Unheard and unsung -- not quite
The story of how one man's initiative set a chain of events that restored dignity to Mubarak Begum, a forgotten playback singer in Mumbai
It must have been the saddest message that anybody would hope to receive on New Years Day. The year 2008 had just begun and the place was Boston, USA.
I had just learnt from a friend, SC Bhatia (based in New Delhi) that yesteryear's queen of playback singers Mubarak Begum was barely alive and was struggling amidst many hardships in Mumbai. I heard that in her twilight years and facing multiple health issues herself, she was having a hard time keeping her head above water. With little or no income she had the additional responsibility of taking care of her 40-year old daughter, who is suffering from advanced Parkinson's Disease. The singer's husband had walked out on her many years ago and her only son was a cab driver with his own family to look after. She did not even have money to buy medicines let alone food and was living in a two-room dilapidated government flat in Jogeshwari. Mubarak Begum was clearly a forgotten part of Bollywood's history, having last sung for films 40 years ago.
I obtained her phone number within a couple of days and called her from Boston. She herself picked up the phone. I introduced myself as her fan, and mentioned her song Nigahon se dil mein chalay aye ga as an ice-breaker to get the conversation going. As we talked, in response to my questions, she related her nightmarish tale of survival. During the conversation, I was struck by her lack of self-pity - and her voice: she sounded as if she was in her 40s, not 70s. Her unfortunate circumstances had clearly failed to contaminate the gift that God had given her in abundance. Despite her misfortunes, her voice remained miraculously unaffected: it was so saturated in melody even as she spoke that I could not help requesting her to sing a few lines from Mujh ko apne galay laga lo... She hesitated, but then obliged. I was dumbstruck.
On January 12, 2008, I sent an email to my inner circle of local friends, seeking financial assistance for her. We - expatriate Pakistani as well as Indians professionals -- managed to raise over a thousand dollars in just three days. I wired her the funds. More importantly, a journalist friend then based in Boston, Beena Sarwar, forwarded my message to friends in India. That set the torch alight. My e-mail ended up being published in various journals and periodicals in India, having been "upgraded" to an article. As they began hearing about Mubarak Begum's plight, admirers, Bollywood personalities included, started to take action. Visitor traffic started to form outside her humble abode. Reporters of prominent magazines followed.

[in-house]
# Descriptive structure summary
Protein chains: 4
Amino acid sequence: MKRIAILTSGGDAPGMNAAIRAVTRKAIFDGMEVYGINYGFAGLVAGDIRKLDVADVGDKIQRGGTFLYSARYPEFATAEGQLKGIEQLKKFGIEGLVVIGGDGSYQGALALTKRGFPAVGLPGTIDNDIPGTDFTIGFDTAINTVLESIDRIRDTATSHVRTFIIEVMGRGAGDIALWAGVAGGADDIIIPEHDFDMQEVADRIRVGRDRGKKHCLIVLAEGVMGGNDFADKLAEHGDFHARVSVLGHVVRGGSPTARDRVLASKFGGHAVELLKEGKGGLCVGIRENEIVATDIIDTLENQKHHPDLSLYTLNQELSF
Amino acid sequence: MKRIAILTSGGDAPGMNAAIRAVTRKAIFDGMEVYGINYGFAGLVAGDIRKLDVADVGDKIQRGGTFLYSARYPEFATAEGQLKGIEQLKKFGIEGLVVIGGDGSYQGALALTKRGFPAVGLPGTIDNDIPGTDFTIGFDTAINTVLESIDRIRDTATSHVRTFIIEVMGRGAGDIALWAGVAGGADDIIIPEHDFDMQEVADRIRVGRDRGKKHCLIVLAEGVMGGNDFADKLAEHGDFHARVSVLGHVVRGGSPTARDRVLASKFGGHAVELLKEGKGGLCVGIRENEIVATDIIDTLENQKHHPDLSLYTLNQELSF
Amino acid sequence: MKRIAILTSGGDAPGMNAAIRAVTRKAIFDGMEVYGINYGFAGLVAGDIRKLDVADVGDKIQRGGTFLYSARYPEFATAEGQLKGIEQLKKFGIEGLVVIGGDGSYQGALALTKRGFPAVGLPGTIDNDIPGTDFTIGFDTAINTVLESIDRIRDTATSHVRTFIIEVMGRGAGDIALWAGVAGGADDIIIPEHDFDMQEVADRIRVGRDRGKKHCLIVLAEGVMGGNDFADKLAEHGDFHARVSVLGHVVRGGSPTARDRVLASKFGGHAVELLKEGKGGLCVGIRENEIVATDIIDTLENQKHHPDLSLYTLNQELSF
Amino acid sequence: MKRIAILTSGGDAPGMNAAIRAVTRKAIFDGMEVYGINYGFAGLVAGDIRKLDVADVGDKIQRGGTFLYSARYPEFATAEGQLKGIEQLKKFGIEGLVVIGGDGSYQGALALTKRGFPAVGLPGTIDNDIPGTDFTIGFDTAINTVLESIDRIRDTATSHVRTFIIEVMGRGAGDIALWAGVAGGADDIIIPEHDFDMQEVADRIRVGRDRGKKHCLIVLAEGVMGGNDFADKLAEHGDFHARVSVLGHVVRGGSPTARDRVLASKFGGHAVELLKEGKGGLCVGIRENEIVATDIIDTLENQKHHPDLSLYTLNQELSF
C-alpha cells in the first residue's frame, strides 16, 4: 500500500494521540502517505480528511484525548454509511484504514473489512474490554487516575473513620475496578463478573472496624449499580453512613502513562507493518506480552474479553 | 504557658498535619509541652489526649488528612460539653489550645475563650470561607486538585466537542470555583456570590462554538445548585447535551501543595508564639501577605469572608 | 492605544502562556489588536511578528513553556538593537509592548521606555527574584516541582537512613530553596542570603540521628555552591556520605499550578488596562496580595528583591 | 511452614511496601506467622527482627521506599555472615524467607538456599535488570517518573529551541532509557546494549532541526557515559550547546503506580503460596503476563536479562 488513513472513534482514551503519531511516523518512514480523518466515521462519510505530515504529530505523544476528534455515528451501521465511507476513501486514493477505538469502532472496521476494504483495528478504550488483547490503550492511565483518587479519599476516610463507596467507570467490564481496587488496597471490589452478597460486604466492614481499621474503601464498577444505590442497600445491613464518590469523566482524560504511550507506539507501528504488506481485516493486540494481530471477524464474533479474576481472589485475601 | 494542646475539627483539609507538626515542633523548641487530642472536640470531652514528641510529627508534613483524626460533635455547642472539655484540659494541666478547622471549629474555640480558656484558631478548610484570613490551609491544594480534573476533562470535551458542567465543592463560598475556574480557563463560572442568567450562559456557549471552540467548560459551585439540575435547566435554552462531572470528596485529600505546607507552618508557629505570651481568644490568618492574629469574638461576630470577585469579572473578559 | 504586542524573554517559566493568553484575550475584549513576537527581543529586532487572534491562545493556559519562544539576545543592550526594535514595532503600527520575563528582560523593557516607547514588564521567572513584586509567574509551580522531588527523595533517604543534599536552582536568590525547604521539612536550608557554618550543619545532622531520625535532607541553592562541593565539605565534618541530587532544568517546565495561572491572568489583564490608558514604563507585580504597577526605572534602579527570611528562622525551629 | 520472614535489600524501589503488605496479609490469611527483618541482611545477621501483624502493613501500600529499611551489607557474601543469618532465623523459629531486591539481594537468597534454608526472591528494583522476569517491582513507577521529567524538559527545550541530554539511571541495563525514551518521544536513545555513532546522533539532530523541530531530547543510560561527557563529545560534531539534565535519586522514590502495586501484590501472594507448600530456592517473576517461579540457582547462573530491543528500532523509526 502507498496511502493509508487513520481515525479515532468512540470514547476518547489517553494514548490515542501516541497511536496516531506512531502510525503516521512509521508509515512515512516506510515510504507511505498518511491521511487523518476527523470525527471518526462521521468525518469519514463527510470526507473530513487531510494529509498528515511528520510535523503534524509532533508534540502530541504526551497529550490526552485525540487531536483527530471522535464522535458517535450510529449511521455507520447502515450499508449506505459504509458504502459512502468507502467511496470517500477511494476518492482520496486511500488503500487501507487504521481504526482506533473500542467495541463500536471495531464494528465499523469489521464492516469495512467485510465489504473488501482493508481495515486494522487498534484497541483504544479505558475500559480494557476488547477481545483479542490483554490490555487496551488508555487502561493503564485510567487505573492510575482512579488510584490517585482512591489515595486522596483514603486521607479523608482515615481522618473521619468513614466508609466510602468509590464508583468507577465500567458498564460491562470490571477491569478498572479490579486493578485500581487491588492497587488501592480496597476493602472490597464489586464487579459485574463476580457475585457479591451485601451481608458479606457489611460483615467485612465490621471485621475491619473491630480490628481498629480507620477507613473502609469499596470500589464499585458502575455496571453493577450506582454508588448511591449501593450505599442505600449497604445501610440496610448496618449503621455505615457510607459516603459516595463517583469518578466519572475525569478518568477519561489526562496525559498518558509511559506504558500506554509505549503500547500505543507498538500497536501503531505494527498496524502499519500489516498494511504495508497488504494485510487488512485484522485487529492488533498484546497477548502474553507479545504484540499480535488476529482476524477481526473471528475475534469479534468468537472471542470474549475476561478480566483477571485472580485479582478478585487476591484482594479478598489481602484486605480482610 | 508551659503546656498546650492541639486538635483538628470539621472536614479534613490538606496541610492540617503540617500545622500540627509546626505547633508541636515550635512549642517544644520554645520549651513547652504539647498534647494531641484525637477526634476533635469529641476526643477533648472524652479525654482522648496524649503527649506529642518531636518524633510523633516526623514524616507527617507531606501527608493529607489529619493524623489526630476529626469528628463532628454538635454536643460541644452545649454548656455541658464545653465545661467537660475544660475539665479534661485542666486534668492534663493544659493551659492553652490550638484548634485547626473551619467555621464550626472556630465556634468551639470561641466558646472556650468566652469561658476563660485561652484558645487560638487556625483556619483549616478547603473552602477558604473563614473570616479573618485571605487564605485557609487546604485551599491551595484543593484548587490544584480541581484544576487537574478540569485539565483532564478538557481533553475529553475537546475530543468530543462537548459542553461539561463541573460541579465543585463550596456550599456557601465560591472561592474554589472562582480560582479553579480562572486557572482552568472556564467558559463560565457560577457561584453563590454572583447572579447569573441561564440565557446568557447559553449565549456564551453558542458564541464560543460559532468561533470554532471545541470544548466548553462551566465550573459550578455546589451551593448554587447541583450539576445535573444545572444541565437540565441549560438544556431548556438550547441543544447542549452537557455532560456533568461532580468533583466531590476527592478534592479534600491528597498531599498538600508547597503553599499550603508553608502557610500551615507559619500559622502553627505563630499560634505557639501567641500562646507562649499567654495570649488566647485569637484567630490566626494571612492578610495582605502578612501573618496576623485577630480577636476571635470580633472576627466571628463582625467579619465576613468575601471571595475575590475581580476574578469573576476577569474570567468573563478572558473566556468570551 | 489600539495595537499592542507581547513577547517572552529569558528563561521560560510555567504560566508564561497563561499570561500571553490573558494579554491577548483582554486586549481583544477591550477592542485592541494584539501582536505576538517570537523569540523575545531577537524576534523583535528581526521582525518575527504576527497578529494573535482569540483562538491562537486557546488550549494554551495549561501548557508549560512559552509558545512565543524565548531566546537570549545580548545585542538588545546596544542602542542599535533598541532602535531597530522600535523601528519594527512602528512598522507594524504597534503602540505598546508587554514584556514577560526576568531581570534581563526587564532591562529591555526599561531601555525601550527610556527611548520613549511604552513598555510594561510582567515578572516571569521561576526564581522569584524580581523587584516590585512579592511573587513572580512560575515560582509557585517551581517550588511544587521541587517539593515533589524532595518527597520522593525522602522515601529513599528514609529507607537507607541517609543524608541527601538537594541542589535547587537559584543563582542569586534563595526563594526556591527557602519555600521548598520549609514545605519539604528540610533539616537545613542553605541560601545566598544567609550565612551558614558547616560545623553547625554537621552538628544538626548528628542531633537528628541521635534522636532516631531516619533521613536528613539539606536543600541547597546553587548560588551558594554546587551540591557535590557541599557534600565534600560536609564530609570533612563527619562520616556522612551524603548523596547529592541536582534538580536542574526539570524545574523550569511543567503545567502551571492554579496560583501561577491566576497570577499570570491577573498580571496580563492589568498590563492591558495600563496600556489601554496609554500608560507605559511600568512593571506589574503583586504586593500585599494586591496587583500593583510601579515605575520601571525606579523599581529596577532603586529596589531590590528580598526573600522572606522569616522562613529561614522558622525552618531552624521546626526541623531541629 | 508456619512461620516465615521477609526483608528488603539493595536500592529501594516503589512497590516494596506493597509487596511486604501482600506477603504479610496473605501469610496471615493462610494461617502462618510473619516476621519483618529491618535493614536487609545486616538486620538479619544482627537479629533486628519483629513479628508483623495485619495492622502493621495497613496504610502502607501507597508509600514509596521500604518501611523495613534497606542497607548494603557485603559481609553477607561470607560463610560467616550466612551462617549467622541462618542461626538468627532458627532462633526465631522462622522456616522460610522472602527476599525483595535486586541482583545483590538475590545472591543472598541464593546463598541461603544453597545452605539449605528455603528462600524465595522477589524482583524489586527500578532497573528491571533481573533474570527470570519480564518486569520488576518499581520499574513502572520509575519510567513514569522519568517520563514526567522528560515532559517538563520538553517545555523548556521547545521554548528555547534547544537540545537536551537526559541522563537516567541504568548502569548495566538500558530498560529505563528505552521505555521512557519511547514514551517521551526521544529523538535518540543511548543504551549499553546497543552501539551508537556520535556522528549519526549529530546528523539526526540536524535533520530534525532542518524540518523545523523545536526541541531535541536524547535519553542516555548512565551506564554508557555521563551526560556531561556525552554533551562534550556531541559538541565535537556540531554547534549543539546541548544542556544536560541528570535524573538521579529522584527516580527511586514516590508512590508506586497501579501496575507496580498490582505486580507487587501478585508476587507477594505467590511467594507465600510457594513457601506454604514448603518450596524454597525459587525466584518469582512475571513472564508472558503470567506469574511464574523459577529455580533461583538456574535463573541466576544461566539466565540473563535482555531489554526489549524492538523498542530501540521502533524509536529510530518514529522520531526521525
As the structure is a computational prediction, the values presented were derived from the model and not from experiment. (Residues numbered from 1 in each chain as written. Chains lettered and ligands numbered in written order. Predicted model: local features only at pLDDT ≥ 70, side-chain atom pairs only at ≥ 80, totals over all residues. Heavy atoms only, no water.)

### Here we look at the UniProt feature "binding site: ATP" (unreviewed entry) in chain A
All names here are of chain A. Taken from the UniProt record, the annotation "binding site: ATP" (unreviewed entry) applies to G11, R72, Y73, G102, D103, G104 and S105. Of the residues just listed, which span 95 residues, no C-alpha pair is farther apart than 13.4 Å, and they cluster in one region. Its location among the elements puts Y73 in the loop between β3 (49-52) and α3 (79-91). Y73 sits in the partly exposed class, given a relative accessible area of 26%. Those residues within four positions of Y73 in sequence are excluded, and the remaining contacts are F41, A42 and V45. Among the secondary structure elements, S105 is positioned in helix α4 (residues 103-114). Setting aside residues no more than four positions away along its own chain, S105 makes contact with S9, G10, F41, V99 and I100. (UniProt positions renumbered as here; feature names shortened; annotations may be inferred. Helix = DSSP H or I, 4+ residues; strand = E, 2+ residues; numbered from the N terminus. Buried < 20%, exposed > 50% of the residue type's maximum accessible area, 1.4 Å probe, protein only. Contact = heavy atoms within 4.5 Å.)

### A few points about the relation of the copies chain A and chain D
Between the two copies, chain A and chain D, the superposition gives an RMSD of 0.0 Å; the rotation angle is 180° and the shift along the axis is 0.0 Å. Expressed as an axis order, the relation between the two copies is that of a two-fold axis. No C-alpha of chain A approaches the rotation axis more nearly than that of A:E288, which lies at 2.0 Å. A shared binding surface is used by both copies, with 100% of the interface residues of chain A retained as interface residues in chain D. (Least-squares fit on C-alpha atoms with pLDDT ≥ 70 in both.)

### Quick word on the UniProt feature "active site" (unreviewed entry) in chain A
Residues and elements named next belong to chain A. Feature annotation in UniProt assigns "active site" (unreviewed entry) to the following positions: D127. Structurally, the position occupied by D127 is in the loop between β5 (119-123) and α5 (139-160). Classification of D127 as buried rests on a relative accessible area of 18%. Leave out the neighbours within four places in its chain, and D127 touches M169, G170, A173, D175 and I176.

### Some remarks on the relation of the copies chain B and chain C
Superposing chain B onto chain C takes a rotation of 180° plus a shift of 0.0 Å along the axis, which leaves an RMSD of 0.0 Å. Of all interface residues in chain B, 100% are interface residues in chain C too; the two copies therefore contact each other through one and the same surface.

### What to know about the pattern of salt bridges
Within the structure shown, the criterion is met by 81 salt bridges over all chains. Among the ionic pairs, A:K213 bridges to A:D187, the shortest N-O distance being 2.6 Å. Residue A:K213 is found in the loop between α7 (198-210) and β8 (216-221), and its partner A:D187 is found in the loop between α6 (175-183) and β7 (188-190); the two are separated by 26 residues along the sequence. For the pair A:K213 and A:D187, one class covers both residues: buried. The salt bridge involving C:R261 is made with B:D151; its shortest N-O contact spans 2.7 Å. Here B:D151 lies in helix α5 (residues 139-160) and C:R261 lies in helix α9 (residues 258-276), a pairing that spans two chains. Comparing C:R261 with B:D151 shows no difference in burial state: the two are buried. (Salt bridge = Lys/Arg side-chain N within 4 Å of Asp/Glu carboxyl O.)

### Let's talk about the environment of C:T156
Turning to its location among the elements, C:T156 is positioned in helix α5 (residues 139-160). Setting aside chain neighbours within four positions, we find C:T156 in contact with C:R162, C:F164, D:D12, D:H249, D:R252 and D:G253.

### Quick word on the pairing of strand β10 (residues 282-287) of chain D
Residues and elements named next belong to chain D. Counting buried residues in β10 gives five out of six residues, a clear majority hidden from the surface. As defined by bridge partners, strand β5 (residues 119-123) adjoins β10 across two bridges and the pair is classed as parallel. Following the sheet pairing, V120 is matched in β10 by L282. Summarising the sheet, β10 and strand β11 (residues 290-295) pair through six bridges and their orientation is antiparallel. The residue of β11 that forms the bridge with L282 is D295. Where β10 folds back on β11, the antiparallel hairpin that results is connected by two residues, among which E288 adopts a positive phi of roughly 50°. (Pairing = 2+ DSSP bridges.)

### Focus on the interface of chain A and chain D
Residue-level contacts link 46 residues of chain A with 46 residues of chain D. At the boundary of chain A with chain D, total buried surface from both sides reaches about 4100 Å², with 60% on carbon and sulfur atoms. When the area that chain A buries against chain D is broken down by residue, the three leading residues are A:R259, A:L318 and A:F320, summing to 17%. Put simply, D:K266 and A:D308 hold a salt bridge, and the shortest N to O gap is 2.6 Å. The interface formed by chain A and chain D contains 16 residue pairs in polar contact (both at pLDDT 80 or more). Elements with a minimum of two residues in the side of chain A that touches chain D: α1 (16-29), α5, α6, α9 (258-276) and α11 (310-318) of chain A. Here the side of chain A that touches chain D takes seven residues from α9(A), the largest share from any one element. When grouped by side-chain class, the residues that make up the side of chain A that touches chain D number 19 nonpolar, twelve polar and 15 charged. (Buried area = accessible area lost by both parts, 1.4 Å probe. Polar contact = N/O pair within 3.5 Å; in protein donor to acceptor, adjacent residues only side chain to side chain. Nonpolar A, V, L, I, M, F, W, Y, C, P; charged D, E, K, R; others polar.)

Even women's rights activists wanted to support her. My next challenge was to convince her to perform on stage, because it wasn't just about sending her money to enable her to live with dignity. I also wanted her to regain her self-esteem and pride. Fortunately, I wasn't the only one to think on those lines. Actor Nana Patekar lost no time in arranging a concert for Bibi, as she is affectionately known, in Pune, early February 2008. Mubarak Begum was nervous and it took some time to convince her that she could do it. And she did. Her stage presence was simply magical. She received unprecedented appreciation and a standing ovation, plus a purse of Rs50,000.
Next to follow was an incredible benefit concert Hamari Yaad Ayegi organised in New Delhi on April 13, 2008, by friends Naveen Anand, Purinder Ganju and Prithvi Haldea. Salma Sultan of Doordarshan fame hosted the colourful event. Shikha Biswas Vohra, the illustrious daughter of the late maestro Anil Biswas, arranged the music with her music group Sangeet Smriti. Mubarak Begum received tremendous accolades. The organisers raised funds, and passed on a net Rs300,000 to her.
On the heels of the Delhi concert came her highly publicised Hyderabad concert in July 2008. By this time, a prominent Zee TV personality (who wishes to remain anonymous) had pledged to deposit a monthly sum of Rs10,000 in Bibi's bank account, an arrangement that continues to this day.
Mubarak Begum has not looked back. She has enjoyed performing regularly on stage in Baroda, Chandigarh, and several times again in Pune, New Delhi and Mumbai. In October 2009, The Rafi Lovers Circle invited her to Kolkata and presented her with the Rafi Memorial Award for 2009. The Rafi Foundation Mumbai presented her with the Mohammad Rafi Award on the late singer's birthday in December 2009. At all these events, she has been prominent on stage, coordinating with local musicians, singing her hit songs, leaving audiences spellbound with her performance, her sense of humour, renditions of classic Urdu poetry and contagious stage presence.
These concerts have obviously benefited her tremendously. In these past two years, she has managed to pay off all her loans and retrieve her personal jewellery held collateral by lenders. Her flat has been repaired and renovated appreciably. Her daughter is now able to get proper medicines and regular medical attention. As Mubarak Begum's story continues to unfold at this stage in her life, I am compelled to wonder whether there are likes of it anywhere in the world of music.
Post script: Put your speakers on and listen to this awesome song. Mubarak Begum sings a haunting number for a Pakistani film Raaz in 1957, picturised on Shamim Ara before she became a big star. We did so much towards cultural diplomacy in those days, before we lost our way -
http://tinyurl.com/ycbwn8m (incidentally, there are three other songs of Bibi singing in Raaz on YouTube -- in a way a raaz in itself!)
Siraj Khan is a Boston-based Pakistani lover of Indo-Pak film music.
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